Effectiveness of the county council workshop trainings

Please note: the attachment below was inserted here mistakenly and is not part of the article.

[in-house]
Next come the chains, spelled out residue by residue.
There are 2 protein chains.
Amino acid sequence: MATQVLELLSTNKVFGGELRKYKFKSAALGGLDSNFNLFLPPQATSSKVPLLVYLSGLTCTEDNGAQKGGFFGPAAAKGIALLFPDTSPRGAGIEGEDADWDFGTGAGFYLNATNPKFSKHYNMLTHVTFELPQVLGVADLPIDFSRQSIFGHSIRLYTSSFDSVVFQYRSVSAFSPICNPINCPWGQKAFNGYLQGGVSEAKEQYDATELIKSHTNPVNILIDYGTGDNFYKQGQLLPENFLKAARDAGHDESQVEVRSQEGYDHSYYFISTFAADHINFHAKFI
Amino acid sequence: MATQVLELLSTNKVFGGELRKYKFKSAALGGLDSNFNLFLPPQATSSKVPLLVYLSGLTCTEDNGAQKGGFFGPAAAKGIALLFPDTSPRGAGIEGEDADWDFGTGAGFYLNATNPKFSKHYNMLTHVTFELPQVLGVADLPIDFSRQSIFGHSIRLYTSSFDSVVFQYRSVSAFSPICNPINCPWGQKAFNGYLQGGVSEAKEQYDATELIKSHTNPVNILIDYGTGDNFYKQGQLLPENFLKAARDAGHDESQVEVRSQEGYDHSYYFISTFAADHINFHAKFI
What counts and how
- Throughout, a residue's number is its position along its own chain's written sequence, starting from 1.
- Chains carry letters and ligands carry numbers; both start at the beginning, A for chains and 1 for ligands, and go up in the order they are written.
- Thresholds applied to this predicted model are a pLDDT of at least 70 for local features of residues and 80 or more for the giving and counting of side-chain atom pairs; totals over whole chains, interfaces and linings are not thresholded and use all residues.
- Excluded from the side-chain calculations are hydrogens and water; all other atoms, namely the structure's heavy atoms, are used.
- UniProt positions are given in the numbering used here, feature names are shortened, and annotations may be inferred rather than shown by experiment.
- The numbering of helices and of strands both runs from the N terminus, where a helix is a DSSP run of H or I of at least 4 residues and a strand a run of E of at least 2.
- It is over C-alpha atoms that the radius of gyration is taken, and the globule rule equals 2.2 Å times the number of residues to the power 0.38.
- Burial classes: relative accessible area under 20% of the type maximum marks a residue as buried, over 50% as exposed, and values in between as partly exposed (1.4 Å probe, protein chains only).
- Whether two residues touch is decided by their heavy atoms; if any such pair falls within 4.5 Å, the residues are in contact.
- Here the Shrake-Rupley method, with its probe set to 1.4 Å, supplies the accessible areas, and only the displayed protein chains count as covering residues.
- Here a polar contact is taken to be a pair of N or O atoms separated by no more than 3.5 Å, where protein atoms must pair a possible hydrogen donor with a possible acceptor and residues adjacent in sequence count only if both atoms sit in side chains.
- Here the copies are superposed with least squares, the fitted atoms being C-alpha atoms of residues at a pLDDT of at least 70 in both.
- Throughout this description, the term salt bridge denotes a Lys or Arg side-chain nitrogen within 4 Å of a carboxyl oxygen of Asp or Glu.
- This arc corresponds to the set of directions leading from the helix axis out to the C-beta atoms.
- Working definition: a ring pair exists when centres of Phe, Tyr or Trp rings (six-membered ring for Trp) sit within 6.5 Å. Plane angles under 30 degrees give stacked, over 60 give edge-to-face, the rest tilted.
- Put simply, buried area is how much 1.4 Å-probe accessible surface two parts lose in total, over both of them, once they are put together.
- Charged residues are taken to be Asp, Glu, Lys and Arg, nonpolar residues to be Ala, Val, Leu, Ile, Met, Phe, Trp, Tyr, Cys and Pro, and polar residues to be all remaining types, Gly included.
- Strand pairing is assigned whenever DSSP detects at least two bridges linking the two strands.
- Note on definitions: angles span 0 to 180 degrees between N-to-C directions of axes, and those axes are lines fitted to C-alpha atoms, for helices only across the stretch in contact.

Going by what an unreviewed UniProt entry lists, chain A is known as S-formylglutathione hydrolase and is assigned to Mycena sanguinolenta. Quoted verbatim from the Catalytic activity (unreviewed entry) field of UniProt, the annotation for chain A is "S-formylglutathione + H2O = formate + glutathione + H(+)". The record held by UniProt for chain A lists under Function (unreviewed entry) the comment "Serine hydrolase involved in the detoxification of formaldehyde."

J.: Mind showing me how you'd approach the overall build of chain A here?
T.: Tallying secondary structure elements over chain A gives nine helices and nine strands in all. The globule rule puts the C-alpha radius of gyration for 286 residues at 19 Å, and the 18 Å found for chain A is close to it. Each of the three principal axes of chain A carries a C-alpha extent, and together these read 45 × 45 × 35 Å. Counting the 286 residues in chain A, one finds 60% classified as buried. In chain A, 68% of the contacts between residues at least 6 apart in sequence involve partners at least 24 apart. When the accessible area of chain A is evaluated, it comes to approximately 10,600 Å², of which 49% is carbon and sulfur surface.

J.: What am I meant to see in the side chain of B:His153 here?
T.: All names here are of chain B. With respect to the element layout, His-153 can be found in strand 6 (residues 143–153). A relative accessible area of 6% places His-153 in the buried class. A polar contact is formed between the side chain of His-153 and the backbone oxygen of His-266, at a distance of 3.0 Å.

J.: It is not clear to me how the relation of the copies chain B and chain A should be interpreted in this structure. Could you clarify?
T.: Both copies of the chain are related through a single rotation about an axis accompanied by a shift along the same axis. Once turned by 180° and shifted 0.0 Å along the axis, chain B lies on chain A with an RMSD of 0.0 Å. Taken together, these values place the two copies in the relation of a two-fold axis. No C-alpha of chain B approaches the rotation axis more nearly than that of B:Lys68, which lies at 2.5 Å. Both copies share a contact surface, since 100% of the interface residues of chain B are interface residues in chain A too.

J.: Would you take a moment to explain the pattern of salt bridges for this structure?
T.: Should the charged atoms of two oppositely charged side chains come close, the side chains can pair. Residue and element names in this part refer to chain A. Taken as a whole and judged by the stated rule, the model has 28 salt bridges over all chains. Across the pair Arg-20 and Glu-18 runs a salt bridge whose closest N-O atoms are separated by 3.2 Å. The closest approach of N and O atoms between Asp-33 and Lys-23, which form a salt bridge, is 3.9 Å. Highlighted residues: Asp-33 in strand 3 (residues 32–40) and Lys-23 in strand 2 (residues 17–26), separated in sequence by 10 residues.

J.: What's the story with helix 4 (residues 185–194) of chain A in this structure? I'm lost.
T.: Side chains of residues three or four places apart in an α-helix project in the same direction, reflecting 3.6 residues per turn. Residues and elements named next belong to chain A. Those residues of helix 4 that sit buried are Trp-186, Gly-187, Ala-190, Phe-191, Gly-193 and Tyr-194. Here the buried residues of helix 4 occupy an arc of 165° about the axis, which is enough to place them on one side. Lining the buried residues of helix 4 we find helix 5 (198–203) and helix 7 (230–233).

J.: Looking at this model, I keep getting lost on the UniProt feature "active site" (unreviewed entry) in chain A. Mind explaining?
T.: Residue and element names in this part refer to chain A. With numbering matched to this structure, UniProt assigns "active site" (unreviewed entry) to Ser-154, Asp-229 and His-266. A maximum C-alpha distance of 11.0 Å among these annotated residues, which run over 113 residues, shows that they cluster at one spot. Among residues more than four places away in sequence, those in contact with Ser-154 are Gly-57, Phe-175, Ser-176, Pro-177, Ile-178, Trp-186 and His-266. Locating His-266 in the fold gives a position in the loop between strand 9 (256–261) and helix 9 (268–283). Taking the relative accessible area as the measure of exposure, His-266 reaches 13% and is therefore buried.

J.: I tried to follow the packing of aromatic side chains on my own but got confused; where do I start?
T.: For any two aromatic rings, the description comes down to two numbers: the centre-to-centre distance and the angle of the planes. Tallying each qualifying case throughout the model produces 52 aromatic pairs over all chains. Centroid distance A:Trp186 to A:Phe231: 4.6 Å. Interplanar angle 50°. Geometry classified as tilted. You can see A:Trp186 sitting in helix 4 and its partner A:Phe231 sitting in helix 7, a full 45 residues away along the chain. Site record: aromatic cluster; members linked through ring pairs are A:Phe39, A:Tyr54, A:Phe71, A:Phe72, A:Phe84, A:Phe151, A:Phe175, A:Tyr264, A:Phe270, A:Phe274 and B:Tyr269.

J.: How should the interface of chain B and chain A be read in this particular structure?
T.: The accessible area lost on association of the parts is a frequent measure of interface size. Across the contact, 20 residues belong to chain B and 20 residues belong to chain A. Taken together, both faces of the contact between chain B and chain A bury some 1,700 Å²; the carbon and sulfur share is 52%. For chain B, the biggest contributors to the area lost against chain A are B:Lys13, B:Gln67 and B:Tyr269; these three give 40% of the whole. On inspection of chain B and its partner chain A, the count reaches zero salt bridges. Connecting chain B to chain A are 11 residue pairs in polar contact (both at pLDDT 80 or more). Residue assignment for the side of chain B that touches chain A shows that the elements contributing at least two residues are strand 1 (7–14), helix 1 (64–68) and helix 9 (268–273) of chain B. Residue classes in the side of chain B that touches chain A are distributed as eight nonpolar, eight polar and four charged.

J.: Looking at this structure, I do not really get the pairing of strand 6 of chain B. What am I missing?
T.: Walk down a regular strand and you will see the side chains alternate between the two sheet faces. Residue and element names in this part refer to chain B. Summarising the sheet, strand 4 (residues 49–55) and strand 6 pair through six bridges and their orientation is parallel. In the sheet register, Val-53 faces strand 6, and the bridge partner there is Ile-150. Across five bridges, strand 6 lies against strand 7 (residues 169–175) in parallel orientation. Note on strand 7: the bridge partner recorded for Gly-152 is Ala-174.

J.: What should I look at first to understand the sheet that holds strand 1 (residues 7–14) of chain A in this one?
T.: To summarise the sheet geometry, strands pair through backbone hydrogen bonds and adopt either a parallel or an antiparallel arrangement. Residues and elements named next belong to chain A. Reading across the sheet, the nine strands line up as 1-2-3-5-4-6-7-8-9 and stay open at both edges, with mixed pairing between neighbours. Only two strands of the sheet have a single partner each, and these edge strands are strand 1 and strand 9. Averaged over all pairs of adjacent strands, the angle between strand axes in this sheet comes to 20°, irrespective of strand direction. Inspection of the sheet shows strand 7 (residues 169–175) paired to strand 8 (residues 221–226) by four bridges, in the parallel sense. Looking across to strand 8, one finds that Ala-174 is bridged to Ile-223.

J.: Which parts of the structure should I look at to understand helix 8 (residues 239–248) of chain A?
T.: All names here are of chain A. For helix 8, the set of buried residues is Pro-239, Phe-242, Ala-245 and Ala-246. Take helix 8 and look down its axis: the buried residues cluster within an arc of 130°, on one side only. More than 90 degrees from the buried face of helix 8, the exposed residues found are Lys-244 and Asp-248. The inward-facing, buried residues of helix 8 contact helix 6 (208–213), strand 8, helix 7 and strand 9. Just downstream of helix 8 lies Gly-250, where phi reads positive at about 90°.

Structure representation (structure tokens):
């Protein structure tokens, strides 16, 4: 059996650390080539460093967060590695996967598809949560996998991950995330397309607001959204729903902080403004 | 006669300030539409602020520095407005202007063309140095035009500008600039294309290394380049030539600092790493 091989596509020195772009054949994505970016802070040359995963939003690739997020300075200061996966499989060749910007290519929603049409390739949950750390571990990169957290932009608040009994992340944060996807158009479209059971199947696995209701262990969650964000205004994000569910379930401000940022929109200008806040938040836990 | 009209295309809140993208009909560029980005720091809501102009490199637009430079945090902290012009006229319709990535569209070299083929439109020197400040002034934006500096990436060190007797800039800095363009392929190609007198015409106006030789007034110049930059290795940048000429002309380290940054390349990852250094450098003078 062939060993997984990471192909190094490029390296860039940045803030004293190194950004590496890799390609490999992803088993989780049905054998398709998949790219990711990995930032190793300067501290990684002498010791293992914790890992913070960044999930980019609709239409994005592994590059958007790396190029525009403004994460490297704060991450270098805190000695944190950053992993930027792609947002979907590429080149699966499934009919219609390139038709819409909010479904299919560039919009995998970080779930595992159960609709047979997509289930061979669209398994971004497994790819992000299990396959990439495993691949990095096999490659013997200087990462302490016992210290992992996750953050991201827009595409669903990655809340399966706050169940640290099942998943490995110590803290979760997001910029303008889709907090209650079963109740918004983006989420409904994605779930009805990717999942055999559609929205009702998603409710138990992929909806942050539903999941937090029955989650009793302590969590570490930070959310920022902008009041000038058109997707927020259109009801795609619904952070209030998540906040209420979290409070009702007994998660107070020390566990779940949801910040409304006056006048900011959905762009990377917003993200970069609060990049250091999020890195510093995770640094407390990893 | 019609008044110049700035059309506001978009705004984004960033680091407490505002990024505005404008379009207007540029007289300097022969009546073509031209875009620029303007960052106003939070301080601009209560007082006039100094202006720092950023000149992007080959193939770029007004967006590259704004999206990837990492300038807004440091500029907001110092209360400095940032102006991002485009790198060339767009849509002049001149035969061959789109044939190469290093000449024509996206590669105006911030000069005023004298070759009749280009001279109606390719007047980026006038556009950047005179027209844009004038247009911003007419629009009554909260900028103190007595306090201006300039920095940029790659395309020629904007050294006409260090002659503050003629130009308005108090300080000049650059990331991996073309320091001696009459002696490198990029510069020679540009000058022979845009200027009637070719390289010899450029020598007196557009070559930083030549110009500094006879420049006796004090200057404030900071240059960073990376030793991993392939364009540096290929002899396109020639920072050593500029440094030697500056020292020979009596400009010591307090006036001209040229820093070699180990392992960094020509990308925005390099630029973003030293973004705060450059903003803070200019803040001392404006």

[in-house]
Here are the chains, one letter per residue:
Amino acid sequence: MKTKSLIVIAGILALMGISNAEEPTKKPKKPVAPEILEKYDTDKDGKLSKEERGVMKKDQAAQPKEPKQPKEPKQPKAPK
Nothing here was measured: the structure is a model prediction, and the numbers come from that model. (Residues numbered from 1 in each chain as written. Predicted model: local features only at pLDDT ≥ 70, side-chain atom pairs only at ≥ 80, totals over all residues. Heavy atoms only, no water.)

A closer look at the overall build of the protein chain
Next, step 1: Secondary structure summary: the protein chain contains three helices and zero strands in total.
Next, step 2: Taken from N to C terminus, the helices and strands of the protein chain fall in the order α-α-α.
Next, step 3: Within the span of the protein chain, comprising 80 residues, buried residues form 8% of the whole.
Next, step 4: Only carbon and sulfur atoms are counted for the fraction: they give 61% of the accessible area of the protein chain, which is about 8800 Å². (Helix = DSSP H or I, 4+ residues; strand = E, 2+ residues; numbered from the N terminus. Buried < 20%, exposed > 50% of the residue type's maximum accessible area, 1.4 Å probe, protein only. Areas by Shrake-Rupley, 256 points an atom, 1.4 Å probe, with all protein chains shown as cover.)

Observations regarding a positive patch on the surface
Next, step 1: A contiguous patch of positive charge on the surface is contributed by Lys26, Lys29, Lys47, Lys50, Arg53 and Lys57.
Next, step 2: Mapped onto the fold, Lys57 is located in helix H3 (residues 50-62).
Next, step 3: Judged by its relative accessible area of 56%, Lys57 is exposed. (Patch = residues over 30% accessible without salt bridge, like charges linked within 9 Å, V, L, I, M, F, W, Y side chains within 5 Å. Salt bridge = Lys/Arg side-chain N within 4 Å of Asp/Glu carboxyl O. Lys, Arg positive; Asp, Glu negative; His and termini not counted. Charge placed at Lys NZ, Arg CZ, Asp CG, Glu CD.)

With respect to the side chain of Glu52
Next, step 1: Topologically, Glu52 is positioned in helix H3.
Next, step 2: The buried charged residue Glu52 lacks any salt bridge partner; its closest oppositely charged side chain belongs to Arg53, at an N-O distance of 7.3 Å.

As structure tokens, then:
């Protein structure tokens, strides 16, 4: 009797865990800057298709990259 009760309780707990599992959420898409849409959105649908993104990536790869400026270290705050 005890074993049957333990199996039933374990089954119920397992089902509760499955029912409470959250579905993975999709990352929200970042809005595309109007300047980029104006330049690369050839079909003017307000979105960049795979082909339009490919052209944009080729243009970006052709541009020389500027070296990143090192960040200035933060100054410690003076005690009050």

All the five county councils workshop trainings increased the participants’ skills in MI with higher means for all the seven MITI proficiency measures except for MI adherent behaviors and Percent complex reflections at the post-workshop assessment. Mean differences between the pre- and post-workshop assessment ranged from −0.06 to 3.49 across the proficiency measures, and the GLMM-analysis showed significant time effects for five of the seven MITI proficiency measures: Empathy (F (1, 309) = 67.31, p < .001, d = 1.46), MI spirit (F (1, 309) = 78.28, p < .001, d = 1.58), MI non-adherent behaviors (F (1, 309) = 119.26, p < .001, d = 1.95), Reflection to question ratio (F (1, 309) = 42.96, p < .001, d = 1.19), and Percent open questions (F (1, 309) = 13.71, p < .001, d = 0.66). In addition, Bonferroni adjusted comparisons indicated some differences among the five county councils at the pre-workshop assessment, with significantly lower baseline skill levels for three of the proficiency measures (Empathy, MI spirit and MI non-adherent behaviors) for county council one (CC1) compared to all the other county councils. However, at the post-workshop assessment, the only significant difference was between county council two (CC2) and five (CC5) for only one of the proficiency measures (MI adherent behaviors). Moreover, the GLMM-analysis showed no significant group effects, but significant interaction effects between time (i.e., from pre- to post-workshop) and group (i.e., the county councils) for three of the seven MITI proficiency measures: MI spirit (F (4, 309) = 2.91, p = .02, d = .30), MI adherent behaviors (F (4, 309) = 3.03, p = .02, d = .31), and MI non-adherent behaviors (F (4, 309) = 6.56, p < .001, d = .46). Since the Bonferroni adjusted comparisons indicated only one significant difference (between CC2 and five CC5) for only one of the proficiency measures (MI adherent behaviors) at the post-workshop assessment, these significant interactions are explained by the exhibited differences at the pre-workshop assessment.